Virginia residents Leea<cq> and David Wroten browsed through Redneck Fireworks east of Columbia on their way home from a visit to Macon, Missouri, last spring and took in the shelves filled with products ranging from Morning Glory Sparklers to an assortment of cake fireworks. When their shopping concluded, the Wrotens emerged with a package of Screamin’ Eagles Rockets and a variety of other fireworks to take back with them to the East Coast.
“My grandson wanted me to bring him some,” David Wroten says. “We don’t have rockets like this in Virginia.”
Customers like the Wrotens are the off-season backbone of Redneck Fireworks, which opened last April in a year-round store near the Hatton exit along Interstate 70. But it’s the hope of bang-up in-season sales that prompted Fulton resident Matthew Shaon to launch his fireworks business in the former home of Fireworks Supermarket, which closed its Hatton exit store in the fall of 2013. Shaon, 34, and his family have been running the fireworks business in what he describes as an “exploratory” season. If it goes well, Shaon hopes to place the store back on a year-round footing with a couple of employees. The storefront sign, which still closely resembles Fireworks Supermarket’s former signboard, will signal the enterprise’s fate, Shaon says. “If it’s a go after August, we’ll probably completely change the signage.”
Lighting the fuse
Other aspects of Redneck Fireworks have their roots in the store’s former ownership as well. Shaon’s mother-in-law, Sharon Harris, managed the store for 23 years when it was the Fireworks Supermarket and retired when it closed. Harris offered her son-in-law advice, business contacts and a bit of a push to open the new fireworks retail operation.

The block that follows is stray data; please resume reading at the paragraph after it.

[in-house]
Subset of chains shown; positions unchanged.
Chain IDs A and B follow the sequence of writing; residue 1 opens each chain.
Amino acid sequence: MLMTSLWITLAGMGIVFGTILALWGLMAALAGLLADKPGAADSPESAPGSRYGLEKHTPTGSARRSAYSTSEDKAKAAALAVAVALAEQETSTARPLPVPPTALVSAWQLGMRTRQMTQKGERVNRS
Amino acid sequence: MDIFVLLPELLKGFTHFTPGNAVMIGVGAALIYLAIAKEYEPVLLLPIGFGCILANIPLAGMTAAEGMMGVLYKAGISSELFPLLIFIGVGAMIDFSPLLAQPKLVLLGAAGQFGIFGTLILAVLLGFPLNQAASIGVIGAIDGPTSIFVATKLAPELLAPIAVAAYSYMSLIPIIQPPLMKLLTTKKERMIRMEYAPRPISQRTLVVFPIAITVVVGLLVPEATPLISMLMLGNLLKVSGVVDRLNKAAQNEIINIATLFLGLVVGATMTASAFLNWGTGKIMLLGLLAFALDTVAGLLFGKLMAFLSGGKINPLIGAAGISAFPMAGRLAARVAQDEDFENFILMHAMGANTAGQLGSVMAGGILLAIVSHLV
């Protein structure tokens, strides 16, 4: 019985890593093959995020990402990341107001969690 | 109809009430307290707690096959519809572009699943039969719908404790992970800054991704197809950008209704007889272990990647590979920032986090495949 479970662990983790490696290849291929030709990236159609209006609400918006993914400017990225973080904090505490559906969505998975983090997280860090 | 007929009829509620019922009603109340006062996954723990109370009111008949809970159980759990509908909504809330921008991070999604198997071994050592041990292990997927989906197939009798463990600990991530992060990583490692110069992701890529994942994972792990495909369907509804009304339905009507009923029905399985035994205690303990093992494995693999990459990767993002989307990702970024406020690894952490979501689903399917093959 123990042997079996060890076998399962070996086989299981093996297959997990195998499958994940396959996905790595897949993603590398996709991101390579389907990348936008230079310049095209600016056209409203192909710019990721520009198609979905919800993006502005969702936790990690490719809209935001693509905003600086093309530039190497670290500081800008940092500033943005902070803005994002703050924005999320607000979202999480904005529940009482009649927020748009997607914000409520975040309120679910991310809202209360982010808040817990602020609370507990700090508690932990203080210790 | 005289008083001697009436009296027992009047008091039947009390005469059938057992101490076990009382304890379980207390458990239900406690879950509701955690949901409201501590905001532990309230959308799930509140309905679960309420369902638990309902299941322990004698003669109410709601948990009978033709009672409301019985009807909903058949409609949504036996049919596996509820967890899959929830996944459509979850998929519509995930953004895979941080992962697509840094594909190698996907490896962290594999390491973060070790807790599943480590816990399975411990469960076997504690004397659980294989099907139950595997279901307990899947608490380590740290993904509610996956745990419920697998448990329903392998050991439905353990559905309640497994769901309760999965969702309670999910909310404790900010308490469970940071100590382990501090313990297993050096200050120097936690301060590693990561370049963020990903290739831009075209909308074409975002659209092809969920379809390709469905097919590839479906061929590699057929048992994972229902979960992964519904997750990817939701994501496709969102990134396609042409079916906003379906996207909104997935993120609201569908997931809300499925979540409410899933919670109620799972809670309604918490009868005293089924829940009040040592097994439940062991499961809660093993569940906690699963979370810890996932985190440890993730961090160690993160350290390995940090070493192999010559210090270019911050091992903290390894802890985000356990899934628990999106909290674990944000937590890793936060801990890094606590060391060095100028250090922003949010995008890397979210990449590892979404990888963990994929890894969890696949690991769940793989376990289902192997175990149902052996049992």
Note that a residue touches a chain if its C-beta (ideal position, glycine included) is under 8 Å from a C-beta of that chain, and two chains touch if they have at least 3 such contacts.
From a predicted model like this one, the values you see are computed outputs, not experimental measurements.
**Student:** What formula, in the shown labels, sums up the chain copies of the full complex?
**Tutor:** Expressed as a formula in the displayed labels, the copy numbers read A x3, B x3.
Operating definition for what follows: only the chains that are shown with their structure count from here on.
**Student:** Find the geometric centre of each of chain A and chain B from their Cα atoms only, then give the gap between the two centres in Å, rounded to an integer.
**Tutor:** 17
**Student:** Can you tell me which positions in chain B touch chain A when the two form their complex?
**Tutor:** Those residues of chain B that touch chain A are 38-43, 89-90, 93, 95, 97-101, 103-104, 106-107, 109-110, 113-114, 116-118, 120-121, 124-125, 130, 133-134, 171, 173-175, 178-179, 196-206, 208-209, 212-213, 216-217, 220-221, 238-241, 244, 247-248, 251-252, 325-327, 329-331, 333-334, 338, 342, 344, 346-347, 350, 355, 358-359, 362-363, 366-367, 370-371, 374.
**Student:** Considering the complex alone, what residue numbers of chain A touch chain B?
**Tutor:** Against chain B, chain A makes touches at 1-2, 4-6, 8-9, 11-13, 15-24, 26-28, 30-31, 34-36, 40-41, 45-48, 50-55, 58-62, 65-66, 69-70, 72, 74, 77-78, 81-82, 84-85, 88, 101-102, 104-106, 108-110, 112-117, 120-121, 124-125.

“I told him, ‘This is available; it’s on the interstate,’” Harris says.
Shaon, who already has a full-time career as a social worker for the children’s division of the Missouri Department of Social Services, says he has “always wanted to be an entrepreneur” and decided to pursue his aspiration when the former fireworks store remained vacant for several weeks. He rented the roughly 2,000-square-foot building, which houses an office and product warehouse along with the business showroom, and began meeting the requirements for obtaining a license required to sell consumer fireworks as labeled by the U.S. Department of Transportation.
Consumer fireworks businesses may operate under a number of different state permits, all issued through Missouri’s Division of Fire Safety. Among them are permits for manufacturers and distributors, each of which cost $775 a year per location; a permit for wholesalers, with a fee of $275 a year per location; a permit for seasonal retailers, which costs $50 per year for each location; and what is called a “jobber” permit, which for a $525 annual fee per location allows the retailer to sell consumer fireworks for use outside the state of Missouri year-round as well as to residents during the fireworks season. Because Shaon is over 18 and operating out of a permanent structure, he meets basic state jobber permit requirements. After obtaining state and federal tax identification numbers as well as a retail sales tax license and proof from the Missouri Department of Revenue that he does not owe back taxes, Shaon applied for and received his state jobber’s permit.